November 15, 2014 |
by- EGARA KABAJI
Why should we expect excellence when we continue to nurture a mostly weird and skewed education
“Why should we expect excellence when we continue to nurture a mostly weird and skewed education system that vomits poorly prepared nationals?”
A friend of mine asked this disturbing question in this paper recently. A natural reaction from one who sits where I sit would be to challenge the idea and defend the current education system and the practice of delivering it.
In academia, there is hardly any position that cannot be defended, however bizarre it may be. But this question is staid enough to send all of us in the education sector back in the trenches.
Before this remark was made, I had just attended the Executive Committee meeting of the Inter University Council of East Africa (IUCEA) in Bujumbura, in which a damning report on the performance of graduates from East African universities was one of the subjects of discussion.
The deliberations of the (IUCEA) meeting were not based on witchcraft or mere speculations, but on tangible research findings from a study on employability of graduates from East African universities.
The study, carried out by the council in conjunction with East African Business Council (EABC) stirred the hornet’s nest (excuse the cliché) and exposed the soft under belly of education systems in the entire East African region.
In a nutshell, this study revealed that over half of the graduates from East African universities are unprepared for the job market.
Listen to these statistics.
Only 37 per cent of graduates from Ugandan universities are prepared for the job market.
In Tanzania, only 39 per cent of graduates can undertake jobs in their areas of specialisation.
Only 45 and 48 per cent of graduates from Burundi and Rwanda respectively are on top form for the job market.
Kenya leads the park with 49 per cent of graduates from its universities competent to undertake responsibilities for which they trained.
Naively, one may be tempted rejoice that we are better than our counterparts. But in reality, these facts assume frightening proportions when you imagine of how they impact on your personal life.
What the report is saying is that over half of the doctors who attend to you are likely to get the diagnosis wrong. Less than half of our advocates can competently defend you in a court of law.
In schools, most of the teachers are not competent to give proper instruction to your child. And, yes, over half of the journalists we train cannot produce a clean copy. By all standards, this is dangerous.
If these research findings should be believed, and we have no reason to doubt their authenticity, then the education systems in the region have to reform, and if not they will remain irrelevant to the economic, social, cultural and industrial needs of the people of the region.
Nevertheless, to argue that the problem is only at higher education is to miss the point.
If higher education system produces garbage, then it is fed with garbage. That is why a critical examination of the entire process of education is imperative. Higher education is, however, the fulcrum on which the economy should revolve.
It should create opportunities to exploit the resources of our nation and create wealth. But these research findings show that all our hopes and expectations are built on quick sand.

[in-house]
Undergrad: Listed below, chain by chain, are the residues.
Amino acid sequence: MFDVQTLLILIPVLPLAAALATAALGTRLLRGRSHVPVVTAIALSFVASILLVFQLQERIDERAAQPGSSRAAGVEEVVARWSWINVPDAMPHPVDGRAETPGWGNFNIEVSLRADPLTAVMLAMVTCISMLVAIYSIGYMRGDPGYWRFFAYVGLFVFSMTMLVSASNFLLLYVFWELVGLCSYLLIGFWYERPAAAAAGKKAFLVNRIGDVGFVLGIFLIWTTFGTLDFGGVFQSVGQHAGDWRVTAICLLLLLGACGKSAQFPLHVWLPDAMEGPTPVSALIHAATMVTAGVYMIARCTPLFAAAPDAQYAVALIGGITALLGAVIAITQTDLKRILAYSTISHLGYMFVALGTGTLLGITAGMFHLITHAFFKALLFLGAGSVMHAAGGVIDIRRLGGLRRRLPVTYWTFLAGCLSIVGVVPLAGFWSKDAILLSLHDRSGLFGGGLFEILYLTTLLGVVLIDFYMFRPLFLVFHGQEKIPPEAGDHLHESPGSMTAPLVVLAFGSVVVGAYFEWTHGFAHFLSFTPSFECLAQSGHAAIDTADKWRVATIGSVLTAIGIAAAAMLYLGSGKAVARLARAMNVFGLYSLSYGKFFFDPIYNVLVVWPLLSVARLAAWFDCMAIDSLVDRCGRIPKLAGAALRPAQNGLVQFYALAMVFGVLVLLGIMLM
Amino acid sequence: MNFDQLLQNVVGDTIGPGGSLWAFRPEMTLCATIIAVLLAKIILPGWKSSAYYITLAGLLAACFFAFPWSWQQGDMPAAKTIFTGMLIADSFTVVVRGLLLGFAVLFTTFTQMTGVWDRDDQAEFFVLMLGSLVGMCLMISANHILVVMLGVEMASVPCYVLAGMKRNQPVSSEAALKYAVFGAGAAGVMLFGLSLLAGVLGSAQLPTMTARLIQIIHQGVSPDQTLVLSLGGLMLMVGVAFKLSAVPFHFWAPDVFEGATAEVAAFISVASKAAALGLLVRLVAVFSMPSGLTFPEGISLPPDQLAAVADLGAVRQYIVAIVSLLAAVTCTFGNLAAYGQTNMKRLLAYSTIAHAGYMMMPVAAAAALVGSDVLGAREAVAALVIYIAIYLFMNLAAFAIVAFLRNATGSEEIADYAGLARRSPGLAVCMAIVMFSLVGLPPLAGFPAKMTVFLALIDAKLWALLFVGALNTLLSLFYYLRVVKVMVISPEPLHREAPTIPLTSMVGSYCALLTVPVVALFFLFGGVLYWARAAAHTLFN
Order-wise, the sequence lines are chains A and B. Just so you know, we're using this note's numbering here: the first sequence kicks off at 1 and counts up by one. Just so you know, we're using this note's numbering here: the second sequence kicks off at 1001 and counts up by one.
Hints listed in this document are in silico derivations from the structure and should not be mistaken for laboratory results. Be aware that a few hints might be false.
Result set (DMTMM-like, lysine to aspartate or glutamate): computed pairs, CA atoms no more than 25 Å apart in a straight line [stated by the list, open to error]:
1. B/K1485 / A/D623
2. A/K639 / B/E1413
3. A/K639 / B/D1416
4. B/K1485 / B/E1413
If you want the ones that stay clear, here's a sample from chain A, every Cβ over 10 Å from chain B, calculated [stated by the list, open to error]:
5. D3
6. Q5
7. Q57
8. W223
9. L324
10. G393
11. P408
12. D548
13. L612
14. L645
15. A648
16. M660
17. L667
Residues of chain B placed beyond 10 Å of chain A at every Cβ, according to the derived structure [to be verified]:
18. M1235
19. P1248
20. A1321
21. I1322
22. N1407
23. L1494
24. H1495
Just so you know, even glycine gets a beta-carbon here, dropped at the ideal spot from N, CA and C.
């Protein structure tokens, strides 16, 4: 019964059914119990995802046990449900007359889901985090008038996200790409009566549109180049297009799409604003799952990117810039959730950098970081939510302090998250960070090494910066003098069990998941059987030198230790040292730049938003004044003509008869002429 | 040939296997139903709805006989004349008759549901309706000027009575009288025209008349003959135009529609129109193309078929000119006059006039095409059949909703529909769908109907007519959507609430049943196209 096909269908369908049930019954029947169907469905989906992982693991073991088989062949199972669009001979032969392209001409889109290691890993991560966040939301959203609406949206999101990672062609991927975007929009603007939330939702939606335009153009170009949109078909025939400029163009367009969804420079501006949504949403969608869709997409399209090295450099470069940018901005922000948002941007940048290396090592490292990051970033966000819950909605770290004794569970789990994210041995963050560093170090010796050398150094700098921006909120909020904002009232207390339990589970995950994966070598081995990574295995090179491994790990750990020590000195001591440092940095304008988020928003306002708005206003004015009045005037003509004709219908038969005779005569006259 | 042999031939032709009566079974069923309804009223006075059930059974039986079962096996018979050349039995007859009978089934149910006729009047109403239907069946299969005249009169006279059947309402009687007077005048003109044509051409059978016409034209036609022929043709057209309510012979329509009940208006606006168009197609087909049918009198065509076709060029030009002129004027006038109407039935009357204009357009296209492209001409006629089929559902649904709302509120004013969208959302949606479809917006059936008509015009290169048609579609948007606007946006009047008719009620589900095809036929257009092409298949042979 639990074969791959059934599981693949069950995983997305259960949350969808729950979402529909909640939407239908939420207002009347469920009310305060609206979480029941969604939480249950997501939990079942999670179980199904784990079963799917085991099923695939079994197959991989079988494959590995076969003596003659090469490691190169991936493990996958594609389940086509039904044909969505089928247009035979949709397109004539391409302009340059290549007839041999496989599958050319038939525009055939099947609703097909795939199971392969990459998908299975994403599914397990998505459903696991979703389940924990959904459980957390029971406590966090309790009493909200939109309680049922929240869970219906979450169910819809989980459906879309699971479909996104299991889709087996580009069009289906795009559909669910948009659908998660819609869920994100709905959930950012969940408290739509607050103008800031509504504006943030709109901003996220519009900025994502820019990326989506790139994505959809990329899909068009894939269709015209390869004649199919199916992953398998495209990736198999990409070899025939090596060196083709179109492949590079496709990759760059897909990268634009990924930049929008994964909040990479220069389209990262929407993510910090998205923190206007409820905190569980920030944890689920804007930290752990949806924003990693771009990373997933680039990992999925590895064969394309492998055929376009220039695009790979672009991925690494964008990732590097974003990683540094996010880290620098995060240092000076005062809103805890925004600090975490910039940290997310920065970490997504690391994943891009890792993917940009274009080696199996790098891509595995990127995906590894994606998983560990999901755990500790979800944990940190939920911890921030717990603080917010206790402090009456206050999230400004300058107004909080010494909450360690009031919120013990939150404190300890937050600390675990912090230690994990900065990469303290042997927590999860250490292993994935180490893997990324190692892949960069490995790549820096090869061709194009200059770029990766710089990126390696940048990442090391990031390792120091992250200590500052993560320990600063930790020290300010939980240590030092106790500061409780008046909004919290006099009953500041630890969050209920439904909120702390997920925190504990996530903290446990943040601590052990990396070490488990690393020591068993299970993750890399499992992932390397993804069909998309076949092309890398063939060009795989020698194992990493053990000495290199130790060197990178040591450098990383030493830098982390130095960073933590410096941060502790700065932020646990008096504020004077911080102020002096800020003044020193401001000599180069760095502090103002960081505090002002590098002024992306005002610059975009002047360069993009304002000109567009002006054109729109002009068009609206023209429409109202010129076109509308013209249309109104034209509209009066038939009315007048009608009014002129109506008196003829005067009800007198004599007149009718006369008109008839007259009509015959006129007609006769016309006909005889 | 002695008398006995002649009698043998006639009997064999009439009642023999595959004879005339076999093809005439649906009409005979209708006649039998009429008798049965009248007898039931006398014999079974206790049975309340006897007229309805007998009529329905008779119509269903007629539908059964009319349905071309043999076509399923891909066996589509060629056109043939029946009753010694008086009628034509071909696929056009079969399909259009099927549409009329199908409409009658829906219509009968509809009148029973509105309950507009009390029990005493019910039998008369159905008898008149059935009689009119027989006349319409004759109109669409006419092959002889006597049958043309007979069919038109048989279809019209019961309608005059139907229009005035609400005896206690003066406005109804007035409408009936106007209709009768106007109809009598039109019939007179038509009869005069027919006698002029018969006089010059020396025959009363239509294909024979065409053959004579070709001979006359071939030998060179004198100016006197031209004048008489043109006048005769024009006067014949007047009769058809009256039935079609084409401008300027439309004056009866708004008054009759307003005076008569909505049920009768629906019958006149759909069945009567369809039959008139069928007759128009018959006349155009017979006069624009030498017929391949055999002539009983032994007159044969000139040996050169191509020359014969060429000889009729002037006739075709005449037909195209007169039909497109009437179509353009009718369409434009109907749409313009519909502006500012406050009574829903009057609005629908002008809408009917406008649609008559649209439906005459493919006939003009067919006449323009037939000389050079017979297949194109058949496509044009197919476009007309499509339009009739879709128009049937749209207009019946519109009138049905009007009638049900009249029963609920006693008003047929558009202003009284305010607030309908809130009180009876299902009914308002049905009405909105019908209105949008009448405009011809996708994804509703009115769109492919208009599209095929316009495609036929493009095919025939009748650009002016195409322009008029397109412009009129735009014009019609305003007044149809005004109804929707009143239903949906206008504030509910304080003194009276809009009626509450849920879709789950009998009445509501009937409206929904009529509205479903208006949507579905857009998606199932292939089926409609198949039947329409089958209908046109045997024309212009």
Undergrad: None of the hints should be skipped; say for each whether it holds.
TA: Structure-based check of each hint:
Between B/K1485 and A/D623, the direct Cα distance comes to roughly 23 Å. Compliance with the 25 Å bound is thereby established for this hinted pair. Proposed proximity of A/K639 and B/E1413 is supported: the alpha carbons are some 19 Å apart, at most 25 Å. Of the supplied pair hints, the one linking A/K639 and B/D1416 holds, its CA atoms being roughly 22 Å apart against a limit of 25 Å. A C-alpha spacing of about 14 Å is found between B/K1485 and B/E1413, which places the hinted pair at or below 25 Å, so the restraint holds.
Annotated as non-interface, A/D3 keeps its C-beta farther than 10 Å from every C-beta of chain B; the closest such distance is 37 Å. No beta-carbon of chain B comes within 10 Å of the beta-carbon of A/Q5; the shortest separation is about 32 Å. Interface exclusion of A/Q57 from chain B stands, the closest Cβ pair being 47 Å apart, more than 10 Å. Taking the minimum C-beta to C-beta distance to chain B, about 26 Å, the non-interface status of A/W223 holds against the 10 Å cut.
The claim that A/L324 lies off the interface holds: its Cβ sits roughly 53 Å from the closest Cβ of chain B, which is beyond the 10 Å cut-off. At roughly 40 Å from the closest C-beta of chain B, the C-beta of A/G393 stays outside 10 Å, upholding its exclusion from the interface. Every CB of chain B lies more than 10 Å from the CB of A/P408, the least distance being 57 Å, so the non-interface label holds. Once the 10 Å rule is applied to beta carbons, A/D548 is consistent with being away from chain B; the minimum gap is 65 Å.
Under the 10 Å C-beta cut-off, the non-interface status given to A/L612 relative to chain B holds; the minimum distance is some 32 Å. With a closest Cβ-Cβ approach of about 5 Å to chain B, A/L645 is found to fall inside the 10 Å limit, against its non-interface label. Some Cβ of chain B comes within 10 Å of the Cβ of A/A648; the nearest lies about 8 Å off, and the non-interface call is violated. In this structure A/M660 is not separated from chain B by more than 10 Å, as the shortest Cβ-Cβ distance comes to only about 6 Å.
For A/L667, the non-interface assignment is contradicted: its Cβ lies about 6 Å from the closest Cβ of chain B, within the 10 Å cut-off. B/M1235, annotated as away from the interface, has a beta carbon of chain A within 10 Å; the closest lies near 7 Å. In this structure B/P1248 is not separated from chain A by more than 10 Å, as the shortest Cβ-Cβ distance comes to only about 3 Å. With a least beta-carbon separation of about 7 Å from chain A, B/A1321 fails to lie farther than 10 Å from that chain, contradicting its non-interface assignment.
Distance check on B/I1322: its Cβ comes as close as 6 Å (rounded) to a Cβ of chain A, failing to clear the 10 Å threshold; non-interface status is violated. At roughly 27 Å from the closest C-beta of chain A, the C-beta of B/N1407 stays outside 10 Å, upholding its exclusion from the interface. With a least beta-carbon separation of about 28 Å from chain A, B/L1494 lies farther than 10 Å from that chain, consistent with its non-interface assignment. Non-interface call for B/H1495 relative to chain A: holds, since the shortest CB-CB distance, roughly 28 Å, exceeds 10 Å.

This is basically because the training we offer is not skills and competence-based.
There is a need for a paradigm shift in our approaches.
Universities will need to adopt skills and competence-based approaches that empower graduates with the necessary practical and theoretical skills to perform in an ever changing and competitive environment.
FOCUS ON QUALITY
These approaches should also enhance critical thinking in our graduates. Our products should be confident and work with minimal supervision.
They should also be empowered with high moral and ethical values. In this respect, parallel training in soft skills and virtues with strong mentorship programmes should be instituted in universities.
More importantly, universities will have to focus more on quality than quantity and put in place structures that will ensure that we produce graduates that match the expectations of the industry.
To do so, the exchequer will have to, inevitably, increase expenditure on higher education.
We also have to engage industry much more, not only in curriculum development, as it is the case, but also in provision of hands-on apprenticeship programmes. The urge to acquire papers, as Kenyans say, should also reflect what is put in the head.
It therefore appears that universities will have to brand along lines of production of quality graduates and research output.
I think the battle will not be, so much, on opening satellite campuses and numbers, but on research output, attraction of research funds and customer satisfaction.
This need necessitates the evolution of a framework on resource sharing amongst universities especially in programmes where virtually all universities have shortage of staff and infrastructure.
We will have to invest heavily in staff development and the building of a research culture that will ensure renewed commitment to scholarship and search for knowledge.
With this culture in place, lecturers will be weaned from the perennial quandary of moonlighting to well-funded research projects that also guarantee their comfort.
A combination of these strategies will lead to improvement of student-lecturer ratio in our universities.
The bottom line is that we are under obligation to make universities relevant in production of manpower and build them as hot spots for generation of new knowledge.